The Supreme Court of India has sought response from the Election Commission and the Central Government on a petition seeking comprehensive counting of VVPAT slips during elections.

    Transition from Paper Ballot System to EVMs:

    1. Before the introduction of EVMs, a paper ballot system was used in India, where voters cast their votes on ballot papers printed with the names and symbols of the candidates.
    2. Major issues associated with this system included invalid votes due to improper marking, ballot box stuffing, pre-marked ballots and manual counting errors.

    Inception and Development of EVMs:

    1. Electronic Voting Machine (EVM) was first conceptualized by the Election Commission of India (ECI) in 1977.
    2. The work of designing and developing EVMs was entrusted to Electronics Corporation of India Limited (ECIL) in Hyderabad.
    3. A prototype was demonstrated in 1980, leading to consensus on its introduction.
    4. Subsequently, Bharat Electronics Limited (BEL) was brought on board to manufacture EVMs in collaboration with ECIL.

    Initial Use and Legal Challenges:

    1. EVMs were first used in a limited capacity in the Paravur constituency of Ernakulam district during the 1982 Kerala Legislative Assembly election.
    2. However, the Supreme Court struck down that election due to the lack of any specific law allowing their use.
    3. Subsequently, the Representation of the People Act, 1951 was amended in 1989 to provide for the use of EVMs in elections.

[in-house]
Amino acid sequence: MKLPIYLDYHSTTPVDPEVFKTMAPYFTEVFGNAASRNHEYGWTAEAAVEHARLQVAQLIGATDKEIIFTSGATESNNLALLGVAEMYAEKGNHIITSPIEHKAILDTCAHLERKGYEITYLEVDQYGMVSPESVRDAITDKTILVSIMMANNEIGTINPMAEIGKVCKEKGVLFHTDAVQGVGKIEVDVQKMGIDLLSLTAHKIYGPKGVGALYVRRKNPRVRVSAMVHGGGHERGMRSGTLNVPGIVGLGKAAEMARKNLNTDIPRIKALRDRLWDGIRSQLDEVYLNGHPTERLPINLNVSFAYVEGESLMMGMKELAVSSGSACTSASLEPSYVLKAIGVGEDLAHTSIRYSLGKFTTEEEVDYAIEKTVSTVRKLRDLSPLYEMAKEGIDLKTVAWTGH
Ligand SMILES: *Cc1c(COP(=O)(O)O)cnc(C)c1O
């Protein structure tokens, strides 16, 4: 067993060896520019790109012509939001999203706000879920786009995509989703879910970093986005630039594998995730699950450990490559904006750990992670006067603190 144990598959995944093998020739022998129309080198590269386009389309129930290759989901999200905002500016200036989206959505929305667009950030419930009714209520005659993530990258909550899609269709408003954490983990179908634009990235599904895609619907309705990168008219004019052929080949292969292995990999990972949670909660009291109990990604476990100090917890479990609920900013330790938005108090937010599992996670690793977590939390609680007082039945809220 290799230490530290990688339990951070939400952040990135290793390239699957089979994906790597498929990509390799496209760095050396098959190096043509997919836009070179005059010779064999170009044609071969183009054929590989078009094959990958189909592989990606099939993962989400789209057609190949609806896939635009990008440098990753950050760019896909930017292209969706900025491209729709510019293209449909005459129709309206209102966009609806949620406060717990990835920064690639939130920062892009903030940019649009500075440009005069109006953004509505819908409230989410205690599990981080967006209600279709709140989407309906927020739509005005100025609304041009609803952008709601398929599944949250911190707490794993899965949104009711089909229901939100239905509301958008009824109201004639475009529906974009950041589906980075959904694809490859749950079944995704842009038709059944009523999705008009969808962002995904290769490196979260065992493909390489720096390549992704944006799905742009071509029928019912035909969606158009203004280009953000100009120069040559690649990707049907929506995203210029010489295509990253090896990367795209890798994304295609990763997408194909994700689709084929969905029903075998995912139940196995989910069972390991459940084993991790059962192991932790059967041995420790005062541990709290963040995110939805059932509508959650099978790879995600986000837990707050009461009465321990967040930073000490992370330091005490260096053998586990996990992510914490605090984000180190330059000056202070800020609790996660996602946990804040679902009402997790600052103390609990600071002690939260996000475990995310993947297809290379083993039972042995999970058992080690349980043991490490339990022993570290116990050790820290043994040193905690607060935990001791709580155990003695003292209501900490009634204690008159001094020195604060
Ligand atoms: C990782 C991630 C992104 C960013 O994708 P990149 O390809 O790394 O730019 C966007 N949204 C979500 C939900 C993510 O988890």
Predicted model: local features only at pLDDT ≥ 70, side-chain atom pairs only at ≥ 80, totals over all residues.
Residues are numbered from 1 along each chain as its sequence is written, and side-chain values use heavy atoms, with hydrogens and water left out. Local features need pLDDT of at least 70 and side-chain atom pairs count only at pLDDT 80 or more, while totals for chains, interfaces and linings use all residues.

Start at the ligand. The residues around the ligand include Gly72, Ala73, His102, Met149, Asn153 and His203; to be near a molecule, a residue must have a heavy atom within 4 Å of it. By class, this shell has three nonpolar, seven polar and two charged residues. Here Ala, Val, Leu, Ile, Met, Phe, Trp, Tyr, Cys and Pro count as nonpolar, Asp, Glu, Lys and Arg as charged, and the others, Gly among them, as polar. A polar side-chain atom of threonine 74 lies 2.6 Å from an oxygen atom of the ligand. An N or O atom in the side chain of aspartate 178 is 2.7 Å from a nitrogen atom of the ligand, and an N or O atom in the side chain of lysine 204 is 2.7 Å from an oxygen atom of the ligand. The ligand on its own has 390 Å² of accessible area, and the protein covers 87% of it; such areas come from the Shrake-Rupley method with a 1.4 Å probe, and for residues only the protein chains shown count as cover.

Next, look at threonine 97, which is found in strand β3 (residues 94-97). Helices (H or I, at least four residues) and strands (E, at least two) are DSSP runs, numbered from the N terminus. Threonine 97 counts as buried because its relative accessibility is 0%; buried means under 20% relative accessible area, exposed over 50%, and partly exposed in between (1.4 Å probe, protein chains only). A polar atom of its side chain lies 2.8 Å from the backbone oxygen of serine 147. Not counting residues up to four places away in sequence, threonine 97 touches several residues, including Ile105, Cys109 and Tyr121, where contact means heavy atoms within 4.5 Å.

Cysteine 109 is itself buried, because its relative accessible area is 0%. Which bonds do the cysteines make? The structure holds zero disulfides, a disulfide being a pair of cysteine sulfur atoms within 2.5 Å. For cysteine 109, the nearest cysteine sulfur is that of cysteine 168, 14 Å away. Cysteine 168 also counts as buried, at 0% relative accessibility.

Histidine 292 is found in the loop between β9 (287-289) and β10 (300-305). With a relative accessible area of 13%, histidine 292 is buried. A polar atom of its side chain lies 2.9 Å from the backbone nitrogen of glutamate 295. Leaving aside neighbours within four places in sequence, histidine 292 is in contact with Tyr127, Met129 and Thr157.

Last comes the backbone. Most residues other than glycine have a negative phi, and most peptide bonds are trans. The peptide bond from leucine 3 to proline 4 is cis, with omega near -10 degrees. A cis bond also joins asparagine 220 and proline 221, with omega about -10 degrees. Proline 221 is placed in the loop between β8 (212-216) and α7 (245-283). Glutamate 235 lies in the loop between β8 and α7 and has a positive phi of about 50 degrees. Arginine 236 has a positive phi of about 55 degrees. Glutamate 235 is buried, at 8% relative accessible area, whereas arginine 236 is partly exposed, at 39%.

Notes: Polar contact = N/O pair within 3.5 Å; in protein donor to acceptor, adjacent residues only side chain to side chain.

Gradual Expansion and Nationwide Adoption:

    1. There was widespread consensus on the use of EVMs in 1998, resulting in their deployment in 25 assembly constituencies in three states: Madhya Pradesh, Rajasthan and Delhi.
    2. In June 1999 the entire state of Goa used EVMs to elect a new state assembly.
    3. In 1999 their use was extended to 45 parliamentary constituencies.
    4. In 2001, EVMs were used in all assembly constituencies in the states of Tamil Nadu, Kerala, Puducherry And West Bengal.
    5. Ultimately, in the 2004 Lok Sabha general election, EVMs were used in all parliamentary constituencies across the country.

    Understanding EVM Technology and Components:

    Electronic Voting Machines (EVMs) consist of 3 primary components:

    1. Ballot Unit (BU): Displays the names and symbols of candidates for voters to cast their votes.
    2. Control Unit (CU): Placed with the Presiding Officer, manages the voting process and coordinates with the Ballot Unit and VVPAT.
    3. Voter Verifiable Paper Audit Trail (VVPAT): An independent system that generates a paper slip showing the serial number, name, and symbol of the chosen candidate, allowing voters to verify their votes.

    Introduction of VVPAT:

    1. The Government of India notified the amended Conduct of Elections Rules, 1961 on August 14, 2013, enabling the Election Commission to use VVPATs along with EVMs.
    2. VVPAT was first introduced on September 4, 2013 in the by-election for Noksen assembly constituency of Nagaland.
    3. VVPAT is designed to provide voters with a physical record of their votes, increasing transparency and verifiability.
    4. The printed paper slips are stored in a sealed drop box of the VVPAT for possible manual verification if required.

    Supreme Court's Directive on VVPAT Verification:

    1. In April 2019, the Supreme Court directed the Election Commission to increase the number of EVMs undergoing VVPAT verification per assembly constituency from one to five in the parliamentary constituency.
    2. The objective of this directive is to ensure greater accuracy and transparency in the electoral process.

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